Arrogant Weigel Catches H— !!!

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      the new church which had recently been dedicated by my bishop. He came with a very generous man who had done much to insure that that church could be built. It was my parish church and my parishioners and I were so happy and so proud of it. It’s architect was Duncan Stroik, one of the leaders of the “return to traditional architecture” movement. Mr. Stroik had helped my parishioners and I to make sure that in spite of diocesan regulations at the time, the tabernacle was front and center in the church. The large, marble altar was topped by a magnificent baldachino. The church contained shrines for Our Blessed Mother and St. Joseph and statues of St. Peter and St. Paul were in prominent places. Niches were constructed where we would later place images of 20th century saints and blesseds: Mother Teresa, Padre Pio, Pier Giorgio Fassati, Gianna Molla, and Sr. Faustina, all painted by a local artist. It was a dream come true for me

Mr. Weigle came to a morning Mass which I was offering before the children from our school (the children attended Mass every morning). The school was run by sisters who actually wore habits and lived like nuns! After the Mass, I went to the back of the church to greet Mr. Weigle. He totally ignored me. He said nothing to the dear sisters who were so excited that he had come to our church. He said nothing to the children or to any of the laity gathered there for Mass. When I held out my hand to shake his, he swept passed me and proceeded up the aisle. The generous man I mentioned earlier looked quite embarrassed, but he followed Mr. Weigle, out of courtesy, out the side door of the church and across the parking lot to his car and drove Mr. Weigle back to his (the generous man’s) house where Mr. Weigle was staying.

Those of us in the church just looked at one another and shook our heads. One man came up to me and said, “Well, that b…..d just wrote a book called “The Courage to be Catholic”, maybe he ought to write one called “The Courage to be Courteous”. My parish never received even a short note from the famous Mr. Weigle. When I approached the generous man much later to express my disappointment, he said, “Well, you have to remember that Mr. Weigle is a very famous man, he just lacks social skills”. Well, there you are.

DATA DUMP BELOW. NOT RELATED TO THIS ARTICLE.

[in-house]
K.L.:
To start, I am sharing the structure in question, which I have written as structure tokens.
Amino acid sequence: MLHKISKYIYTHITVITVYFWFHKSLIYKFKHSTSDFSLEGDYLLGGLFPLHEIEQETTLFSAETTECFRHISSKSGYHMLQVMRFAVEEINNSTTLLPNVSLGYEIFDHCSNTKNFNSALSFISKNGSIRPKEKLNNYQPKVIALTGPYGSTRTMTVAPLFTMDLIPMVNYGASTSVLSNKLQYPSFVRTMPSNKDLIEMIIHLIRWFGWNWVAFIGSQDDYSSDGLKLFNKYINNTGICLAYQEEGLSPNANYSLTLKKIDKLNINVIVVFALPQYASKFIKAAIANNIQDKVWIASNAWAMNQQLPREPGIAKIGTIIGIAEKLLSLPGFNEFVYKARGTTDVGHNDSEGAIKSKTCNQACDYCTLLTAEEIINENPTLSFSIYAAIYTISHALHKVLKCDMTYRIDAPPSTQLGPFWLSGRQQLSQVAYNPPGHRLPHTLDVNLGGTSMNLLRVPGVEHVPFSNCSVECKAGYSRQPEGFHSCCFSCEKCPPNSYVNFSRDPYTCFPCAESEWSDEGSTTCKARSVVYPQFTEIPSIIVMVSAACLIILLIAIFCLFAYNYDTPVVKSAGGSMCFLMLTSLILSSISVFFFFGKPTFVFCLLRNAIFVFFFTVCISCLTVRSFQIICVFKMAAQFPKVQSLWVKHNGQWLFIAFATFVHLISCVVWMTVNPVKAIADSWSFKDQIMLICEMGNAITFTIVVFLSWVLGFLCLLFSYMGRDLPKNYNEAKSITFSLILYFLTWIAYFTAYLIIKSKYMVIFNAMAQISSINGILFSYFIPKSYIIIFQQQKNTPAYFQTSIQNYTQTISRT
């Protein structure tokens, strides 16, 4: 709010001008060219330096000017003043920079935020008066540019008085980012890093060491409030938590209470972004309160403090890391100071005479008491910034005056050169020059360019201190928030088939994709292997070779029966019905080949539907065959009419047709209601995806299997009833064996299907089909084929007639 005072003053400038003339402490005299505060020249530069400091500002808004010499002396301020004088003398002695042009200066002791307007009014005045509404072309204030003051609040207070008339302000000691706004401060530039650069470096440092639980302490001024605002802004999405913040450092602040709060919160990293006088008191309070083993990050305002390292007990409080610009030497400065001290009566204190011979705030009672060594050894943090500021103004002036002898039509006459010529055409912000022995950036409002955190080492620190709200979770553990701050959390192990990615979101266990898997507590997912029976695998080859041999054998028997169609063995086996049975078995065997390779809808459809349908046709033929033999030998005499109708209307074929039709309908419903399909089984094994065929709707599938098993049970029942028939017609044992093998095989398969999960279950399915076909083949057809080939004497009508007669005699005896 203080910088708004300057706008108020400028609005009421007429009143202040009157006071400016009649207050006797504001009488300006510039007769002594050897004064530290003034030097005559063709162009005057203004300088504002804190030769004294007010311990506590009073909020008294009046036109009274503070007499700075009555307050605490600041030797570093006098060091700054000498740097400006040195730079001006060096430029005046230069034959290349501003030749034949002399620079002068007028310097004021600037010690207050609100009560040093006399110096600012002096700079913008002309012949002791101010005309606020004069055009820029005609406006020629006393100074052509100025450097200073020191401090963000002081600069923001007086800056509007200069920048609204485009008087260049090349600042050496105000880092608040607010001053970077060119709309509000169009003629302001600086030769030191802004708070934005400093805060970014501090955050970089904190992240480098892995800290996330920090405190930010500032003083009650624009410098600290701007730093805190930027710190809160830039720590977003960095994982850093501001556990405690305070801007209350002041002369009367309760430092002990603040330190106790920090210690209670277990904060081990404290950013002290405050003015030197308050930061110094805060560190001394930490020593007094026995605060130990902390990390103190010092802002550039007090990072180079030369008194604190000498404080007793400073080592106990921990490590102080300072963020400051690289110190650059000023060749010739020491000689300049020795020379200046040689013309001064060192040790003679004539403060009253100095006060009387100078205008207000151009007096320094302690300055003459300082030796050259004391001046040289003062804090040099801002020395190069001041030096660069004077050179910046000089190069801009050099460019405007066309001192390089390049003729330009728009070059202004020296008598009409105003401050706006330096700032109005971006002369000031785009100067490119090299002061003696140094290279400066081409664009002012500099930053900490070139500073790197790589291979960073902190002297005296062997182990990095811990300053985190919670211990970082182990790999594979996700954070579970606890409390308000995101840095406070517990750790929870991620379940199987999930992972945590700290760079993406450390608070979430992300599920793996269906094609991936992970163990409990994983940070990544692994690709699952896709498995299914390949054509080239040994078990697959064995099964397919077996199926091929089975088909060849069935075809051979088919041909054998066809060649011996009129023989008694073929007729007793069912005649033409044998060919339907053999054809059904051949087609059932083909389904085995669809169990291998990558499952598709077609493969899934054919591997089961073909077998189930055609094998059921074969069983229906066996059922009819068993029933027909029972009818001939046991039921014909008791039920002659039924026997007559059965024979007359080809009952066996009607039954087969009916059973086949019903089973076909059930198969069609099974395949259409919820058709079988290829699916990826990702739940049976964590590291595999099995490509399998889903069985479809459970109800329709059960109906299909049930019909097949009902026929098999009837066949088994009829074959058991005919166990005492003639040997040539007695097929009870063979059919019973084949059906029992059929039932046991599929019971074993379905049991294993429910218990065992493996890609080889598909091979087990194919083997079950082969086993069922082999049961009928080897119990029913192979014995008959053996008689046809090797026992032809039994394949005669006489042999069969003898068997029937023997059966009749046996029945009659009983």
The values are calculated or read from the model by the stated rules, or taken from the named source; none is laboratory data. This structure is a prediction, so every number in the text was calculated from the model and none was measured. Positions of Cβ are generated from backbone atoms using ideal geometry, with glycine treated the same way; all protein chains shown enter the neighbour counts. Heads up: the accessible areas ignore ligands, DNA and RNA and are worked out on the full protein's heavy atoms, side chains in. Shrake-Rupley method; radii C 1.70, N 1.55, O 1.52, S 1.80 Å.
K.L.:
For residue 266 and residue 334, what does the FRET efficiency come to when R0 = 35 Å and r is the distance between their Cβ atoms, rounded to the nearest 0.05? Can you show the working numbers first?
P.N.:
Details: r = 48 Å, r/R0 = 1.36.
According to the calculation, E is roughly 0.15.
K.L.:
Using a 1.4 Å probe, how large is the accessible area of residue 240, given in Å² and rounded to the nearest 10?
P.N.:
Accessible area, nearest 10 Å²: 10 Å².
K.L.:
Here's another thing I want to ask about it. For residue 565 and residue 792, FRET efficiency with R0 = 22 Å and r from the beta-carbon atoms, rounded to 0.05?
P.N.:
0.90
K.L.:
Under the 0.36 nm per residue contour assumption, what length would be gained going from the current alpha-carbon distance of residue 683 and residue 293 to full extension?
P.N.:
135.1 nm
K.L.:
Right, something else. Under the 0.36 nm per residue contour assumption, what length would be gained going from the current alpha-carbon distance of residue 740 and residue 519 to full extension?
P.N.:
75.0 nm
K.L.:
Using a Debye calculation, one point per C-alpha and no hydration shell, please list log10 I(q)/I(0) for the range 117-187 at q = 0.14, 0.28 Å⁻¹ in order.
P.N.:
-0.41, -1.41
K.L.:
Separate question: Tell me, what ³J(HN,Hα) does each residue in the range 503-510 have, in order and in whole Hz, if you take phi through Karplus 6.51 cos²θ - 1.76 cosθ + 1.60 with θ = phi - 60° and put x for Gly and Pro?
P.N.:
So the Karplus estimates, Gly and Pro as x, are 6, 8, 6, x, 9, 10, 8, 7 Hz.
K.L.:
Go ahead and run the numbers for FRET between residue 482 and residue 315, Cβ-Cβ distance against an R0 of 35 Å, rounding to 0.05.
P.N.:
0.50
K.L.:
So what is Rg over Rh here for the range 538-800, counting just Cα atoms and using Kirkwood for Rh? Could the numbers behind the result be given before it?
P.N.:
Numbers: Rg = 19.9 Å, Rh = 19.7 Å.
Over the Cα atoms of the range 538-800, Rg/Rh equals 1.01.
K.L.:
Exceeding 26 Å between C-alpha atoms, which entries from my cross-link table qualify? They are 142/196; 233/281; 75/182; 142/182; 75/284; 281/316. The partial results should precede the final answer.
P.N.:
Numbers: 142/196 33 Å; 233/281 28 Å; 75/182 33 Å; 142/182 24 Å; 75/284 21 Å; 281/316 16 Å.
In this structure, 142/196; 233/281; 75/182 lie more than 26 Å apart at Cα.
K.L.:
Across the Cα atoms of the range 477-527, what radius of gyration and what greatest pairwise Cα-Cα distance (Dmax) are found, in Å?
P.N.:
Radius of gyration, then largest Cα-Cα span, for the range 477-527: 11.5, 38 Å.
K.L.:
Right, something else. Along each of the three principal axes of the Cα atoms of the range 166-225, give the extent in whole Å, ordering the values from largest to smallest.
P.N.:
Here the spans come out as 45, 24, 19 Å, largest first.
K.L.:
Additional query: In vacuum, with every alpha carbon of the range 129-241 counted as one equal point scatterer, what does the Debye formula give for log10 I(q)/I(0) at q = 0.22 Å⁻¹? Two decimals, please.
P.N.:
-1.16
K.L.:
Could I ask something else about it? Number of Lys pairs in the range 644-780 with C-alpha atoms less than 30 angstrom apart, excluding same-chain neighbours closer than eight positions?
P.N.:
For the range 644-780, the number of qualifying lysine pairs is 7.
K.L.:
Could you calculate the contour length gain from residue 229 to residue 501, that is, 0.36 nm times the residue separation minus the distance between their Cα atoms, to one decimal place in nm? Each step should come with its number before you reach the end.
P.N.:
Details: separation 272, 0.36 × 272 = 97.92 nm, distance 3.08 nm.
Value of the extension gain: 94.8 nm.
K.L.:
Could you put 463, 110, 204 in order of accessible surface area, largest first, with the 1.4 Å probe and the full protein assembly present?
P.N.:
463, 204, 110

Years later I ran into Mr. Weigle at the North American College in Rome. This time I did not extend my hand, but just stood smiling at him, to see whether such a great personage as himself would remember me or my parish church. He looked at me briefly, and then around me, where he caught sight of a bishop. Again he brushed past me. This time I just laughed.

Weigle, it seems to me, seldom writes even a brief article in which he does not find some way to remind us that he was a close acquaintance (friend?) of Pope John Paul II. We know that, Mr. Weigle, we know that. And we also know that you are one of those professional Catholics who enjoy fraternizing with the rich, the famous, the rich, the powerful, and the rich. You write nice things about conservative Catholicism. But you ignore the Catholics who, though unimportant in your view, are the ones who have been trying our best to live our Catholic faith in very trying times, and who, by the way, buy your books.

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4 comments on “Arrogant Weigel Catches H— !!!

  1. Remember that Gorgeous George Weigel is a second class relic of JP2 the Great, because on more than one occasion the Great One touched him (viz., with a handshake or a hug). Thus, George only wants to make JP2 third class relics (i.e., touched to a second class one – e.g., with a handshake or a hug) of and with the rich and powerful.

  2. It needs to be a Gilbert and Sullivan opera musical comedy (along the lines of the “Modern Major-General’s Song” from The Pirates of Penzance):

    I am the very model of a modernist lay thinker
    With theology of the body I do sometimes tinker
    I know the Popes of Rome and I quote encyclicals hysterical
    From Toronto to Louvain, in order phenomenological
    I’m very well acquainted, too, with matters ontological…



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